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Wake Up, Camas!

 The first half of school is rapidly coming to an end as the semester is already 70% over. As the completion of the year increases, the fatigue of students follows suit. Students received their first break, satisfying some in their desire to sleep in. However, many are students are waking with dread to their alarm leaving them one question: is the snooze button really that bad?

Photo Courtesy Google.

When waking up, those precious minutes feel like stumbling upon gold, but hitting the snooze actually hurts the body for the remainder of the day. This effect is referred to as sleep inertia. Similar to how an object resists motion, the brain is resisting waking up immediately. Though the initial reaction may be to lay back down, sleep inertia is completely normal and must be fought to wake up.

There are many aspects of the waking day that students can modify in order to better their sleeping habits. Simple activities like eating at the three main timestamps of the day, especially breakfast. Eating anything in the morning is a foolproof way of letting the brain know that it is time to wake up. Naps are commonplace with students, but limiting those naps to 15-20 minutes is really the most effective way of keeping a sleep schedule intact. Keeping up with schoolwork and managing stress levels will also benefit the body. Not only does stress keep the brain awake but it also adds more lethargy to the morning routine.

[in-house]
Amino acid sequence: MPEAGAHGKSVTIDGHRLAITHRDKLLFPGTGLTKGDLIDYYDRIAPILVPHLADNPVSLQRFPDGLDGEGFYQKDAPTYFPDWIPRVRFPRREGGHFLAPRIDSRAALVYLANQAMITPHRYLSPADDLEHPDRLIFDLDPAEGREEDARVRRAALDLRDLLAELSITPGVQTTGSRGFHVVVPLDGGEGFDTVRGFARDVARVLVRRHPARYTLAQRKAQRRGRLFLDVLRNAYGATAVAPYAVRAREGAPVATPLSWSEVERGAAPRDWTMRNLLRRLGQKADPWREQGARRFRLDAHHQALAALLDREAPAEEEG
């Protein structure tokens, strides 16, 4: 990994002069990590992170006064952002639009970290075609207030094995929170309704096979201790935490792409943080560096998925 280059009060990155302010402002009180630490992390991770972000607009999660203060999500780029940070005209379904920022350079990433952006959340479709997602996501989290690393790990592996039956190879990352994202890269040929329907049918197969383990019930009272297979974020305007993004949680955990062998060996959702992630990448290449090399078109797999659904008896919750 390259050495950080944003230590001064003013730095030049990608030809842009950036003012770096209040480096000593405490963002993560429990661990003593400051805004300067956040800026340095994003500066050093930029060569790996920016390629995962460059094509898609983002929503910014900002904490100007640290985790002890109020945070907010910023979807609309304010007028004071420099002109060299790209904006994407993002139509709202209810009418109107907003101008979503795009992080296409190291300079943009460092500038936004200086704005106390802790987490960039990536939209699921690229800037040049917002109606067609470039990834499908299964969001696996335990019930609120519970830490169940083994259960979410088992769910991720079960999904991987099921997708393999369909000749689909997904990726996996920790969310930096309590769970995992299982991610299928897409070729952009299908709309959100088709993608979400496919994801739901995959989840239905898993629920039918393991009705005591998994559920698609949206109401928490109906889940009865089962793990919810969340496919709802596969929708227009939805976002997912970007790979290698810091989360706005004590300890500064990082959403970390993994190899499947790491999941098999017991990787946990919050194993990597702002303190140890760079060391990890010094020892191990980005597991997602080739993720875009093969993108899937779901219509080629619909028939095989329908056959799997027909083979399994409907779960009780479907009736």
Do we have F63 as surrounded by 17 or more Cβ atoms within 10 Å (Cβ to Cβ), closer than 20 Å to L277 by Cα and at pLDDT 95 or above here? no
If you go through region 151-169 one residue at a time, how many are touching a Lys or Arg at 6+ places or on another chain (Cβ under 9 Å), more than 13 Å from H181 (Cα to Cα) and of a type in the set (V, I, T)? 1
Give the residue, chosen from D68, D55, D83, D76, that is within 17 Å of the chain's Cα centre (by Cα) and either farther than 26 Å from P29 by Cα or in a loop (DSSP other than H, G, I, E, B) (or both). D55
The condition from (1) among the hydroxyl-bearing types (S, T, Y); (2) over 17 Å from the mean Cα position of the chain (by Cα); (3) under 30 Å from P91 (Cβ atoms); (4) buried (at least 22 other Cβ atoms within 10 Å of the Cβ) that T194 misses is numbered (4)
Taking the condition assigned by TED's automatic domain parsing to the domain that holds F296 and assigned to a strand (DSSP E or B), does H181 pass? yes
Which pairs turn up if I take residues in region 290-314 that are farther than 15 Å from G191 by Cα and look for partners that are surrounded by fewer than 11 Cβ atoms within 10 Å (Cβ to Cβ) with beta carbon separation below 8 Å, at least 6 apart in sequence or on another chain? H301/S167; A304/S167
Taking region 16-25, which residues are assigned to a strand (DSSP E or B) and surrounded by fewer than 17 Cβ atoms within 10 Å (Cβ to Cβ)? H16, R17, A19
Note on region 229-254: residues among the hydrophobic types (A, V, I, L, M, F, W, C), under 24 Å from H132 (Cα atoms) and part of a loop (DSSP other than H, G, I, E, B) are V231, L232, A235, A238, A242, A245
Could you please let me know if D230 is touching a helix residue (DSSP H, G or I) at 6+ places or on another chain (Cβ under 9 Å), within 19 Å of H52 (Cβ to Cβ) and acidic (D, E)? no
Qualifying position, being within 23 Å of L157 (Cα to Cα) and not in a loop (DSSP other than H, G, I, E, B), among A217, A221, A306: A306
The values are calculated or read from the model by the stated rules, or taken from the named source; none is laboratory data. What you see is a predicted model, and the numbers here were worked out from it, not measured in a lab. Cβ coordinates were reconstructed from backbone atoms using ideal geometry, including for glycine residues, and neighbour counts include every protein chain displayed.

A weird trick on helping the sleep cycle is controlling the amount of light in the room. This is a tricky time of year for Washingtonians because it gets dark at five o’clock. Resist the urge to relax and lower the lights just because it is dark outside. In the dark, the brain releases melatonin which helps put the body to sleep.

Obviously, the most important part of managing a sleep schedule is to actually participate; get some sleep! Most sleep specialists recommend that teenagers receive ten hours of sleep. Those who live in the real-world know that reaching ten hours is near impossible for a student during the week. Six to eight hours of sleep is enough to wake up healthy and ready for the day.

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